The most eye-catching detail of Spurs’ 2-0 win over Man City was the use of Moussa Sissoko and Pierre-Emile Hojbjerg alternating as centre-backs to convert Tottenham into a back five. Rather than instruct the wingers to become auxiliary full-backs, as Mourinho has so often done in the past, he opted to leave space in central midfield – safe in the knowledge City don’t tend to utilise the No. 10 space very much.

That isn’t the case with Chelsea, although Mourinho may still deploy a similar tactic at Stamford Bridge to deal with Hakim Ziyech. The Morocco international, who has two goals and two assists in his last three games, is quickly becoming Chelsea’s most influential player. His ability to create chances out of nothing, and thread a pass into the box from within the tightest of spaces, adds much-needed thrust to a Chelsea team expected to improvise their movement in the final third.

Rather than attempt to get tight to Ziyech, Spurs – wary of the multiple threats lurking around the edge of the box – are more likely to erect a wall of bodies in the back line, attempting to block the passing lanes into the penalty area.


4) Or can Lampard again show conservatism to outfox his former boss?
But all of this analysis so far is on the assumption that Chelsea will hold a lot of the ball and Mourinho will park the bus, yet recent evidence suggests the pattern could be very different. Chelsea held more than 50% possession in both of their wins over Spurs last season, with the win at the Tottenham Hotspur Stadium in particular a fascinating battle in which the student became the master; Lampard out-Mourinho-ed Mourinho.

In an attempt to unsettle Tottenham’s rhythm and deny Son and Kane space in behind, Chelsea may come out in a low block, leading to a conservative and low-scoring contest between two sides lightly sparring and waiting for each other to make the first move. This is what happened in Chelsea’s 0-0 draws with Sevilla and Manchester United earlier this season, too, suggesting Lampard is happy to take a point from games like this.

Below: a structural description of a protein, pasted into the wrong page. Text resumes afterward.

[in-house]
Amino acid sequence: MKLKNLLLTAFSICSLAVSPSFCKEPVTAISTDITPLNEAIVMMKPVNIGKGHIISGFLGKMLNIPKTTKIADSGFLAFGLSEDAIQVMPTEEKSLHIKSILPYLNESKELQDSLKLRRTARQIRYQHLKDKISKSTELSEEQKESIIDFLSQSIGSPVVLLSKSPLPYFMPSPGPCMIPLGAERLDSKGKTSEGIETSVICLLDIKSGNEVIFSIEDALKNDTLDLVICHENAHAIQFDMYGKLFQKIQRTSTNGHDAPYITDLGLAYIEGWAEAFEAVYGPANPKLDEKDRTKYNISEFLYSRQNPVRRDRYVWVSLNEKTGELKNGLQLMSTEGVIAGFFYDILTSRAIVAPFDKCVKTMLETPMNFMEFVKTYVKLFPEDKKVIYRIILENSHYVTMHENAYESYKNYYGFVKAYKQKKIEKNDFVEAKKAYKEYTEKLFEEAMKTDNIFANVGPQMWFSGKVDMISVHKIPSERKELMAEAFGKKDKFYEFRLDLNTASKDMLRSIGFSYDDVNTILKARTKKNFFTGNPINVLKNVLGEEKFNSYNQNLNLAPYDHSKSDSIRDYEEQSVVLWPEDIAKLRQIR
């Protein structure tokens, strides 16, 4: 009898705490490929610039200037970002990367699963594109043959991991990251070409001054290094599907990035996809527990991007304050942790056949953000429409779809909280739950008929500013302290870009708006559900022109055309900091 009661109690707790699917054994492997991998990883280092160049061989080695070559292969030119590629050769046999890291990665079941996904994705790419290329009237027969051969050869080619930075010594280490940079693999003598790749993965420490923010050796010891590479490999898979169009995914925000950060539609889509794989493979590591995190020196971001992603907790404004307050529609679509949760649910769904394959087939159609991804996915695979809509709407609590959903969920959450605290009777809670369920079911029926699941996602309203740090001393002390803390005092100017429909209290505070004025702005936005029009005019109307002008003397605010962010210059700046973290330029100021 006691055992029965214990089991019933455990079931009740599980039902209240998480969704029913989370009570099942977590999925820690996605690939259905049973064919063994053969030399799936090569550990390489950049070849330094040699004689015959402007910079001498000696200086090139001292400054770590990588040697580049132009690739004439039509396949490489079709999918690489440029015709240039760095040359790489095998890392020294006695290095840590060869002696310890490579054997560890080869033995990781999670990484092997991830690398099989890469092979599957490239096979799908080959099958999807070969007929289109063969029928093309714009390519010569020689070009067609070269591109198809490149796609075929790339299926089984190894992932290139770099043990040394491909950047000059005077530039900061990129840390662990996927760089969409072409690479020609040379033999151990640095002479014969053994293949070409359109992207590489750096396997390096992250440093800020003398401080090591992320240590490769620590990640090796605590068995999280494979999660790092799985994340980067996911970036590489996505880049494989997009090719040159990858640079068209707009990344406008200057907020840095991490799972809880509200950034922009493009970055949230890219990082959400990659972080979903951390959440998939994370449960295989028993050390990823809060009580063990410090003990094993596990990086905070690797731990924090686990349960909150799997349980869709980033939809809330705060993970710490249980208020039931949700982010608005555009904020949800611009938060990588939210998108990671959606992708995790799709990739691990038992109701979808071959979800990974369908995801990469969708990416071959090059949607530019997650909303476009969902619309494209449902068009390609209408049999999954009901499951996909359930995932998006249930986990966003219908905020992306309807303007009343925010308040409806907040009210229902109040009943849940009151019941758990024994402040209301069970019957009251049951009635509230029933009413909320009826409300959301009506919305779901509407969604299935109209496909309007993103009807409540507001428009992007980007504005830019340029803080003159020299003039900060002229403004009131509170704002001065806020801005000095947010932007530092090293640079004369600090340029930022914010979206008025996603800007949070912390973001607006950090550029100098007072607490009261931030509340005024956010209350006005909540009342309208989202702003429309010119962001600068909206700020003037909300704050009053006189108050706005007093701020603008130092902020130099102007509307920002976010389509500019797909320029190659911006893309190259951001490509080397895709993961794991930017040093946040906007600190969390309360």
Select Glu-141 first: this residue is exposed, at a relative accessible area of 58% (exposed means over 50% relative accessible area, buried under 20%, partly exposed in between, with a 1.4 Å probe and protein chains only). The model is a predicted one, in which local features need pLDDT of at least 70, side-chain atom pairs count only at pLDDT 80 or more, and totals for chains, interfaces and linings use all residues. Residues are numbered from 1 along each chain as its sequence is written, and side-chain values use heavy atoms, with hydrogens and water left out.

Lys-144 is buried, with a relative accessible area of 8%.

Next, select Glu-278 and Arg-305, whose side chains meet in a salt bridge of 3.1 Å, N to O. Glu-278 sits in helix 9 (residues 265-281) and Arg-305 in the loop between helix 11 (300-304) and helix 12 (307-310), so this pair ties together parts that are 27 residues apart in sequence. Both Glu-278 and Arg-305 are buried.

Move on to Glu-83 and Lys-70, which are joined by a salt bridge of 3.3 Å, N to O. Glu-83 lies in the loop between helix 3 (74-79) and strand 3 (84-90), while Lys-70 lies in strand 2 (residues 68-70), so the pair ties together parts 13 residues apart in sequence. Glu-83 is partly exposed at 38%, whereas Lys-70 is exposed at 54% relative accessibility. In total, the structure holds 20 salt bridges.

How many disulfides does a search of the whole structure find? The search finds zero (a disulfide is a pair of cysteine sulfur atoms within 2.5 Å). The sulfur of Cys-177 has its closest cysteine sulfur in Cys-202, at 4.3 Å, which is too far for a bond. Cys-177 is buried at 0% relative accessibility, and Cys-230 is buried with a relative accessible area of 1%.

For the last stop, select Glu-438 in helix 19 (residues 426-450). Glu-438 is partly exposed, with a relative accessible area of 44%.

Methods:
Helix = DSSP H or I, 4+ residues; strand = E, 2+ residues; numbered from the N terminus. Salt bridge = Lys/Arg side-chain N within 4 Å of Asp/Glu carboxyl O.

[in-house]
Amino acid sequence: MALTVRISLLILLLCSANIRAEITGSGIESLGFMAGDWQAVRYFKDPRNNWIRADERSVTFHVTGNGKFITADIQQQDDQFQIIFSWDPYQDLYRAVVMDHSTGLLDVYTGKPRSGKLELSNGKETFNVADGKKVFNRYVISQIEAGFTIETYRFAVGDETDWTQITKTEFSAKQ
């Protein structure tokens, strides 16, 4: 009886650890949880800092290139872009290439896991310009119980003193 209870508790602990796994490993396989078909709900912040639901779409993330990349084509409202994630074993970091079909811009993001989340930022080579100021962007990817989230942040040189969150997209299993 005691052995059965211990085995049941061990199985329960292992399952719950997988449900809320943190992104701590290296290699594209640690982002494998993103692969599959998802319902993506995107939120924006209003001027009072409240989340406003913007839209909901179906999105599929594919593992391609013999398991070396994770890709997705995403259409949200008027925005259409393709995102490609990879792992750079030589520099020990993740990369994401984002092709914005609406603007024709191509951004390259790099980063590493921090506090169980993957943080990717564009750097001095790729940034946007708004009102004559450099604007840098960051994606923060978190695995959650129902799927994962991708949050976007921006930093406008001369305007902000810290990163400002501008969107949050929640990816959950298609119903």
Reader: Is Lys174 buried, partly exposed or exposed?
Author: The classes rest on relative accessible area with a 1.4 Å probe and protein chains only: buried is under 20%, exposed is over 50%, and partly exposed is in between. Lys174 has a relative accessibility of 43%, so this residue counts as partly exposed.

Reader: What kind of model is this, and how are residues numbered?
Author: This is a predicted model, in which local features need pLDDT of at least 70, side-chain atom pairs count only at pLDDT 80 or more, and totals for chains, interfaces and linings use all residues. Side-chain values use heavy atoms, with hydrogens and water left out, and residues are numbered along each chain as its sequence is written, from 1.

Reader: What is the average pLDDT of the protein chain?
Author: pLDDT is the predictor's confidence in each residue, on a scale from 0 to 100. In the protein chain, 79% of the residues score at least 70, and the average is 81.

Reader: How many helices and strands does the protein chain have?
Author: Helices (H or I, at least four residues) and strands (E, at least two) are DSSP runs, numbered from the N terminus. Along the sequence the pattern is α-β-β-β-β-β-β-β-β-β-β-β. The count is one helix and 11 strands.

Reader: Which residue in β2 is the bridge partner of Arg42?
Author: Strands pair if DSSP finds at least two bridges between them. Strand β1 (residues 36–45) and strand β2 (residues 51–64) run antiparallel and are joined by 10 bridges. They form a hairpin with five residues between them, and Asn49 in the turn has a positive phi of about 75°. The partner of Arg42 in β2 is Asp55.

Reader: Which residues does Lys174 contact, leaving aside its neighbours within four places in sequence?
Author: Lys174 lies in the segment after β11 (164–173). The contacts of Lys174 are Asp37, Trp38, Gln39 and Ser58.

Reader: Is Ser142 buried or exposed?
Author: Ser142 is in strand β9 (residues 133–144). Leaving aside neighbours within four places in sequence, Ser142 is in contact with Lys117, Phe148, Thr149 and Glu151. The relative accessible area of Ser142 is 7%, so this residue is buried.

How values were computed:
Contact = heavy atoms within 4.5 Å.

Then again, Spurs have improved significantly since the last time these sides met in the league. With Tottenham now looking like a true Mourinho outfit, one would imagine he will take control of this contest and force Chelsea to hog the ball.


5) Will Son get the better of Reece James?
The most significant head-to-head is between Son, who has nine goals and two assists in the Premier League this season, and Reece James, a right-back whose attacking prowess can make Chelsea vulnerable.

James is a very good player, but he can be a little naïve, getting caught too high up the pitch or following the wrong man if outnumbered in his own defensive zone. Should Chelsea get lured up the pitch, Son will find acres of space on the outside of the centre-backs – and Kane will almost certainly find him.

But even if Chelsea are more conservative, James is the potential weak link: Son could stand him up and get past him, unlocking Lampard’s back line.

Alex Keble hosts a Premier League pre-match tactics show at